If you were to take an older poem, say ‘After the Creel Fleet‘, it has a clearly unified (I hope) lyric momentum running it from its start to its end – and the voice is steady and just guides it down. A few of the more recent poems have lines or phrases that are by a different voice; I like this as it can make the poems a bit musically different – and, in places, it allows the poems to be openly interrogatory.
It’s still early, however. I have about twenty poems so there are trends towards this theme and that, and there are stylistic signs emerging – but it’s still too soon to be thinking about these things. Now, for me, is about writing individual poems and not worrying about any larger unity – that’ll come further down the line when the collection is being complied. Then there is the fun of finding what poems are speaking to which others – for now, it’s just about the single poem.
I’m curious to know what direction you think your poetry writing might take next? Moontide evokes the Hebridean outlook and culture brilliantly, but I believe you have lived on mainland Scotland for a number of years now. Do you feel there is still more you want to explore from an islander vantage point or do you forsee yourself writing more about the city?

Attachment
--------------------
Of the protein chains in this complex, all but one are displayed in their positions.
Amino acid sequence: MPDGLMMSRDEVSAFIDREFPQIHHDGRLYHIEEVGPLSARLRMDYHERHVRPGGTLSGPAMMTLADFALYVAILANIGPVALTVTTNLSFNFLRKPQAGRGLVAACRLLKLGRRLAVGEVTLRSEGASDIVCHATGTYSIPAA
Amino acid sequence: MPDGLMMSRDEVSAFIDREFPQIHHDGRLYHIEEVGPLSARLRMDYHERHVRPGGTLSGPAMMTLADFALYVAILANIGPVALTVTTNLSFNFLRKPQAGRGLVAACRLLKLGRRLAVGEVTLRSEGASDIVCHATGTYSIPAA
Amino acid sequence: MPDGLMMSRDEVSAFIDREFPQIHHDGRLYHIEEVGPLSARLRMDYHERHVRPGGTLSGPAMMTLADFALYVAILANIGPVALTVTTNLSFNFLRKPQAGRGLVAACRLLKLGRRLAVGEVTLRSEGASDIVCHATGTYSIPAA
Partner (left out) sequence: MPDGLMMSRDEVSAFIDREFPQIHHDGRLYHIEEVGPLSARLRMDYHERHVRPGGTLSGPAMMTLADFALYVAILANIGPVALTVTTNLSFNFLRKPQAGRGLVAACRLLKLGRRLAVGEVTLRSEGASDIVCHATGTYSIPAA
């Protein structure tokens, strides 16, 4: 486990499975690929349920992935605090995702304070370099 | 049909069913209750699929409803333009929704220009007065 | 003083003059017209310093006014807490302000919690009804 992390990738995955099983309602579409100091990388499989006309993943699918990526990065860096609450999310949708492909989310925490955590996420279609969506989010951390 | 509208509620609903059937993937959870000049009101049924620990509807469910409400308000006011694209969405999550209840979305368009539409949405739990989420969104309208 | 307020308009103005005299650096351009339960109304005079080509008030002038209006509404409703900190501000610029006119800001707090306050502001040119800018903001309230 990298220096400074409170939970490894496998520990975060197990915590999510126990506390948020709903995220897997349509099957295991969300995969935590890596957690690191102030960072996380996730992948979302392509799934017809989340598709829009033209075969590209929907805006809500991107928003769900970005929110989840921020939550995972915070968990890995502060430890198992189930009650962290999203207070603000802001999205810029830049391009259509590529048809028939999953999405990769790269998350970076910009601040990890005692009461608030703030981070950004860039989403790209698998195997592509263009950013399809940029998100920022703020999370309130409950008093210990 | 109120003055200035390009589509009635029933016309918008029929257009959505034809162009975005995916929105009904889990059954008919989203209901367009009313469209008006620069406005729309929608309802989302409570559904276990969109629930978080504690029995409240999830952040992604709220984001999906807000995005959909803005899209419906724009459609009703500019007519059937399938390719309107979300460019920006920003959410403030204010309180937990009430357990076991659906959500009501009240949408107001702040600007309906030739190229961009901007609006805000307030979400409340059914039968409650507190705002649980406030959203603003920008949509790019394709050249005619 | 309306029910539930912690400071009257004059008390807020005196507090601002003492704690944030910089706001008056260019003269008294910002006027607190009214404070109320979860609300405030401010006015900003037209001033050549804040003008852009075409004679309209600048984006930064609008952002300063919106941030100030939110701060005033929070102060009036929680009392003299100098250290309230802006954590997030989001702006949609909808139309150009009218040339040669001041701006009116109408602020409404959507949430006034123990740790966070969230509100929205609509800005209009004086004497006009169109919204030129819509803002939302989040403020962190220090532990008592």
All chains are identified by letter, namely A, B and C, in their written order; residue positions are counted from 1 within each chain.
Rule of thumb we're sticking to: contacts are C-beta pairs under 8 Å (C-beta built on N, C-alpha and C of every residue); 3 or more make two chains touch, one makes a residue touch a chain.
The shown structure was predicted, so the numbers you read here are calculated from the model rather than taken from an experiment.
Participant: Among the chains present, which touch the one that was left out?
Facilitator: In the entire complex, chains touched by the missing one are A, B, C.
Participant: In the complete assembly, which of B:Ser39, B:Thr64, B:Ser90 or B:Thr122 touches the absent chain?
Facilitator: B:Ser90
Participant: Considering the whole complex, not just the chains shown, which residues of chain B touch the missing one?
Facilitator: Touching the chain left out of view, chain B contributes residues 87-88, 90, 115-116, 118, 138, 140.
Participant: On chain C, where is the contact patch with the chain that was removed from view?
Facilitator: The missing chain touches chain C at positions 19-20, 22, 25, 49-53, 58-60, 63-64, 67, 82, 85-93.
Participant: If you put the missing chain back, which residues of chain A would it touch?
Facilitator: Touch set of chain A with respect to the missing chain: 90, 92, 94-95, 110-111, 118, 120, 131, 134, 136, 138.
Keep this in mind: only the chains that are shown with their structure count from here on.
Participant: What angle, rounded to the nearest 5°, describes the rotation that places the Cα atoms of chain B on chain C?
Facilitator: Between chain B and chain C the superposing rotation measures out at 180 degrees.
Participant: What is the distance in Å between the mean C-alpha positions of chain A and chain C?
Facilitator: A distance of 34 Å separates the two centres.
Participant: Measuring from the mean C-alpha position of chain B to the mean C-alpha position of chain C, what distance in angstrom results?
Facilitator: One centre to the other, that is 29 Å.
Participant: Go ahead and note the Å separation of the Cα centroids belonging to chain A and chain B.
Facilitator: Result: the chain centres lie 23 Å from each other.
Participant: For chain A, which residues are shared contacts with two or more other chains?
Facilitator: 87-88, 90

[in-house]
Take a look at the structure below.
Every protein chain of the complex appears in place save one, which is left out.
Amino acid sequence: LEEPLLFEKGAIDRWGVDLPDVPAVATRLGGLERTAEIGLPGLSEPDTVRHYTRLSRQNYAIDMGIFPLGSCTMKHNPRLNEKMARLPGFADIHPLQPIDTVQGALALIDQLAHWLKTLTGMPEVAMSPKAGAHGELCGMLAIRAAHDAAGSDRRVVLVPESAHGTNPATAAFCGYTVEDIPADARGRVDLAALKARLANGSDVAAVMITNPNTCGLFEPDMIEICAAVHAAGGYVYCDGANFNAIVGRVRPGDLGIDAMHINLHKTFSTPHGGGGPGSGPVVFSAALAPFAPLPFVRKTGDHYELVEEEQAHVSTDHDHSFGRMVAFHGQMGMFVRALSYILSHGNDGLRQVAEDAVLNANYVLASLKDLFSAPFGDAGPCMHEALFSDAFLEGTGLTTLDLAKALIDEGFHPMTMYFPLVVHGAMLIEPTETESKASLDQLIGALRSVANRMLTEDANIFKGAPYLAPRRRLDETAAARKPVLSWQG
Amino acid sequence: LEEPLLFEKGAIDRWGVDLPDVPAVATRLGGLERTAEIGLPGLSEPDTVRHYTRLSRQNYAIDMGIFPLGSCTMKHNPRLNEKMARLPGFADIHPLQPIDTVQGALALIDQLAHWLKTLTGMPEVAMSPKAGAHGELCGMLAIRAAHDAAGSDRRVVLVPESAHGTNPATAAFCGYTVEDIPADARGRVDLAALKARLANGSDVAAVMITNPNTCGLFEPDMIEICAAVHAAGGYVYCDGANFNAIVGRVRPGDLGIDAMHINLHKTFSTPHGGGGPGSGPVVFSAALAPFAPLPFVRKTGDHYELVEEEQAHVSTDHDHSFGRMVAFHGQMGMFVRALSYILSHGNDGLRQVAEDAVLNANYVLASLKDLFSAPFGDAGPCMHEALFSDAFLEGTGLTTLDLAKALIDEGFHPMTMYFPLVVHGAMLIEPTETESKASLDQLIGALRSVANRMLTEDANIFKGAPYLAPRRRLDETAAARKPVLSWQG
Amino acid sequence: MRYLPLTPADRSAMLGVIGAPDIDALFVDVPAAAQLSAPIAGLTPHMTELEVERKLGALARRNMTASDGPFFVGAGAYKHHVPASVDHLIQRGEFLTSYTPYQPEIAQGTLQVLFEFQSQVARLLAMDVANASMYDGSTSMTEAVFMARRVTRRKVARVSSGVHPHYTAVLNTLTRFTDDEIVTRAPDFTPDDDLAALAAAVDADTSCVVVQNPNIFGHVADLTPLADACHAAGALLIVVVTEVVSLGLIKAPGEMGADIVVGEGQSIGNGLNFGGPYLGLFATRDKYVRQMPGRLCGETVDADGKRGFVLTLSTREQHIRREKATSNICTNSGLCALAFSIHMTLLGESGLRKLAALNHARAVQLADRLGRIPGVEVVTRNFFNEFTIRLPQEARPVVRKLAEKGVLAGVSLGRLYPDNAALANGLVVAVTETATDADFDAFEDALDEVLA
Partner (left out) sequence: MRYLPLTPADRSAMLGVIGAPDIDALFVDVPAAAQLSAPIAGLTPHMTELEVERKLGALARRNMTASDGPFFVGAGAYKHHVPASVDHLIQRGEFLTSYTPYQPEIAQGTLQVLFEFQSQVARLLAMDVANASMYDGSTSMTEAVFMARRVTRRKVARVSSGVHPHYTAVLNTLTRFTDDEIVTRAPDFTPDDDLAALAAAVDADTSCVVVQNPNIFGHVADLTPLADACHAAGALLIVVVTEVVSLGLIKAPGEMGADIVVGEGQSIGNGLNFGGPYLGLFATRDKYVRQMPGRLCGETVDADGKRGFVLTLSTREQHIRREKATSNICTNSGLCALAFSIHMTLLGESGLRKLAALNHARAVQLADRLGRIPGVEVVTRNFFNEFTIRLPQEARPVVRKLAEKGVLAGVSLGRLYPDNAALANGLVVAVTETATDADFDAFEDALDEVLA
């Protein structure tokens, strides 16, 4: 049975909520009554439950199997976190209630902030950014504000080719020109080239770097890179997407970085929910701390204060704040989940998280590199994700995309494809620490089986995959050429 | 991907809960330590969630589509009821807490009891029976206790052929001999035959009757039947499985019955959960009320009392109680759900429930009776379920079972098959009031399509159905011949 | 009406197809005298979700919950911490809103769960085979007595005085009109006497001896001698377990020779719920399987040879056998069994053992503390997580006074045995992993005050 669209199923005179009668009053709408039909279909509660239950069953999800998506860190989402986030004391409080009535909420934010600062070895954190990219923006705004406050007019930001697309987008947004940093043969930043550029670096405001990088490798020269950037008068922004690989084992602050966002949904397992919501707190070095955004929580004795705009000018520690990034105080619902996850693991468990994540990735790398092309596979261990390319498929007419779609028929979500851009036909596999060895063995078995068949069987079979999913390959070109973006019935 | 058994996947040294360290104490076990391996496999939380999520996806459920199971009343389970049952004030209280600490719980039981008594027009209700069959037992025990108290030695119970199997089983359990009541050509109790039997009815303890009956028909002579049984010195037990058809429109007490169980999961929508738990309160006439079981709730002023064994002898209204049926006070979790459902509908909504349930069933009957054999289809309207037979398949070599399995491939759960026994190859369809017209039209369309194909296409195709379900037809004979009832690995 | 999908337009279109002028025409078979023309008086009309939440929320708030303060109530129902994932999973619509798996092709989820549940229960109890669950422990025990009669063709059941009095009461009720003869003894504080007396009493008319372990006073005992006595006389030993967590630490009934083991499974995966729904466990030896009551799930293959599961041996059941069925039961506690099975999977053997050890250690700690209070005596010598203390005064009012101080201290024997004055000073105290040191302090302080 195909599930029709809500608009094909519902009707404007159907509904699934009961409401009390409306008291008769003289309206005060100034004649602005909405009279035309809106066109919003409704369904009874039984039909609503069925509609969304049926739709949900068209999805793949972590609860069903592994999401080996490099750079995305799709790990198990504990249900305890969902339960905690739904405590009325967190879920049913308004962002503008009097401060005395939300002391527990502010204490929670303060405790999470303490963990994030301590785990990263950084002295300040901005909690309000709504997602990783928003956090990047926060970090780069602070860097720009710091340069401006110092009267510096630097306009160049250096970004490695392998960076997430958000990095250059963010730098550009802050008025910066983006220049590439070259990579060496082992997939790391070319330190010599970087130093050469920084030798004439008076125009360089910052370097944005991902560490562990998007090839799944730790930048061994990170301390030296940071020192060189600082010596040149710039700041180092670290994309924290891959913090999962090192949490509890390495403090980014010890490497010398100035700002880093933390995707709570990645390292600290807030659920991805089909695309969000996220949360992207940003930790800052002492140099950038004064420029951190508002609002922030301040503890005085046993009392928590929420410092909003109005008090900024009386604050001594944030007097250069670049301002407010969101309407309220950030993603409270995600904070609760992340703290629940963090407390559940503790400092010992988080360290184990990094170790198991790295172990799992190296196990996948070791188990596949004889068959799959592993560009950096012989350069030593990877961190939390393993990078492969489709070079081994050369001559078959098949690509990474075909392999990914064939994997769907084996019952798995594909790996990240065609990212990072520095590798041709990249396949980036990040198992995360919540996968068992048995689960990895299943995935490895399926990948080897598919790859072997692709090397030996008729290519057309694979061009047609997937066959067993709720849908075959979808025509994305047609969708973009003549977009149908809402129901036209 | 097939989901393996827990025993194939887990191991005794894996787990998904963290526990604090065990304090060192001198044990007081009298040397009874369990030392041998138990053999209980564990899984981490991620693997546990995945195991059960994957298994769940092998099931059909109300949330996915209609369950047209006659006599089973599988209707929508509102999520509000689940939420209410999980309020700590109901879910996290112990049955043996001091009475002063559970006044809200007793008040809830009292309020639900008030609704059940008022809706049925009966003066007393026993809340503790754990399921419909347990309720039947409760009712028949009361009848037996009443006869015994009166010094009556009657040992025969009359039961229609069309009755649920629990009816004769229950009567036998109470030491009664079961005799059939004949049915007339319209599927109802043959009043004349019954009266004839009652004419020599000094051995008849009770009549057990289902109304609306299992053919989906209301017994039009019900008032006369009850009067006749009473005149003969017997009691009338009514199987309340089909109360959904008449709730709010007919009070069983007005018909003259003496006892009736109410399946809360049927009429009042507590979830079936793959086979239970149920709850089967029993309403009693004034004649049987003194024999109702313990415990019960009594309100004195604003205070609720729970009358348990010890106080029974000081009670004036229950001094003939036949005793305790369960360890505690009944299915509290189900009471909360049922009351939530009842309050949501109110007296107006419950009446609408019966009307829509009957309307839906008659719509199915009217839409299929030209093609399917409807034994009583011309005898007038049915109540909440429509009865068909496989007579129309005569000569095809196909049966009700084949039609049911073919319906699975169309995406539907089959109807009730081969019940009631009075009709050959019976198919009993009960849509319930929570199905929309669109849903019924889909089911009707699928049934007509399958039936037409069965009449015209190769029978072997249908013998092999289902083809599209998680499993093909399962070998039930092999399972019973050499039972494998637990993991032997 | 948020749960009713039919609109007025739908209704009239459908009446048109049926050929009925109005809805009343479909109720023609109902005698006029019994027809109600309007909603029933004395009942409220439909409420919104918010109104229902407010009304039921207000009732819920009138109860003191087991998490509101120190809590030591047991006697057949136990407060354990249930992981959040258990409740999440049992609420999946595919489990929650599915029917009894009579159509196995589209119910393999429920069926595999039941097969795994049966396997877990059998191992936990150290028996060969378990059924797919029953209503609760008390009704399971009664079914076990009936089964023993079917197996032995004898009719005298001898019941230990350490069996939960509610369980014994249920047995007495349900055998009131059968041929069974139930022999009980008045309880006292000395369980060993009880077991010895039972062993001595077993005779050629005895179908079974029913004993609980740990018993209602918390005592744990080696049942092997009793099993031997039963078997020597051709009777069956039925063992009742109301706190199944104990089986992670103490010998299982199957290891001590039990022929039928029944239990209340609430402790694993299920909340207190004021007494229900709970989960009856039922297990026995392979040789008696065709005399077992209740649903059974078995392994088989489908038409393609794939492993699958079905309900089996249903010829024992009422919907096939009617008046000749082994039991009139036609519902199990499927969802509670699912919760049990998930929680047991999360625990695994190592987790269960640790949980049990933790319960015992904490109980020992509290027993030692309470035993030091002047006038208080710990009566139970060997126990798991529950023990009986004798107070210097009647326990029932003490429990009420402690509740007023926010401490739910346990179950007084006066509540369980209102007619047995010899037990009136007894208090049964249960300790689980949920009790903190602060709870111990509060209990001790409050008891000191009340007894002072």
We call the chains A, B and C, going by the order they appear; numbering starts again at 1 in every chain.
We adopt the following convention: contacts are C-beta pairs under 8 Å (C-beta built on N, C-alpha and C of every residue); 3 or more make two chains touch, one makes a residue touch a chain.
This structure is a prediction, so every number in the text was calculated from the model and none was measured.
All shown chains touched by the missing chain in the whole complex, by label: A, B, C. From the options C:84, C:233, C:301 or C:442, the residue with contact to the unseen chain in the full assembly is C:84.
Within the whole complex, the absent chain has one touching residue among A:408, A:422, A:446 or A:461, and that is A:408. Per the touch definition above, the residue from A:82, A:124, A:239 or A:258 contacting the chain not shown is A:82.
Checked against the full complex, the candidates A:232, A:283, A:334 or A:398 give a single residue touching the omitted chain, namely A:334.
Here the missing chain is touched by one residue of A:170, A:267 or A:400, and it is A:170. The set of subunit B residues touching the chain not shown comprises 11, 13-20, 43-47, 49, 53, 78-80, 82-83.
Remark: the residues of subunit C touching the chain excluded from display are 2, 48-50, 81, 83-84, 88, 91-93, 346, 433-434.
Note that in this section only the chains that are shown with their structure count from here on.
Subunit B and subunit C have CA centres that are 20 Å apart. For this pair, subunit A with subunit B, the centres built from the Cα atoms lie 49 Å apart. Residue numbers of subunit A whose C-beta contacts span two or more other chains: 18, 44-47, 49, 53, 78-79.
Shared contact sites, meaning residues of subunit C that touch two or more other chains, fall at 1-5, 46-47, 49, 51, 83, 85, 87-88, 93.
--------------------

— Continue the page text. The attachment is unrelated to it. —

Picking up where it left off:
Well, we actually live in Leeds now – our second spell here. Ach, I’m not too worried about any idea of being cut off from my source. I’ve never really viewed Uist as some sort of pitmine that I’m digging in to; nor some muse that speaks to me. Uist and my life there plays a huge part in how I understand the world. The islander vantage is probably the only vantage I’ll ever have – but it is that, ‘how I understand the world’, rather than Uist being the sum total of my worldview.
The way I see it, those folk writing about the city, are not really writing about the city – it’s always about life: how it is, how it works, its triumphs or imbalances. It’s the same for me. Before Moontide came out I was mentored by Patience Agbabi as part of the Arvon-Jerwood foundation – it’s maybe difficult to imagine two more contrasting poets: Patience writing so brilliantly about urban life, violence and grittiness. But we chimed so well because she knew straight-off that we were both just using the environments we inhabited to write about the ‘other things of life’.
A relevant example might be a poem like ‘Black Water’ from Moontide. It’s a poem that’s centred around loved-ones drinking water from the sea at night – but funnily enough I think of this as a city poem. I wrote this while in Leeds, Katie was pregnant and we had to keep the bedroom windows open at night – she could sleep fine but the noise kept me awake – the poem is an islander’s reaction to the city. I suppose this isn’t about the immediate sensation (the car horns or the traffic on the street) but how it is mentally processed, and this has a lot to do with one’s past. The rhythmic noise of cars passing reminded me of the sea, I don’t ever see it not.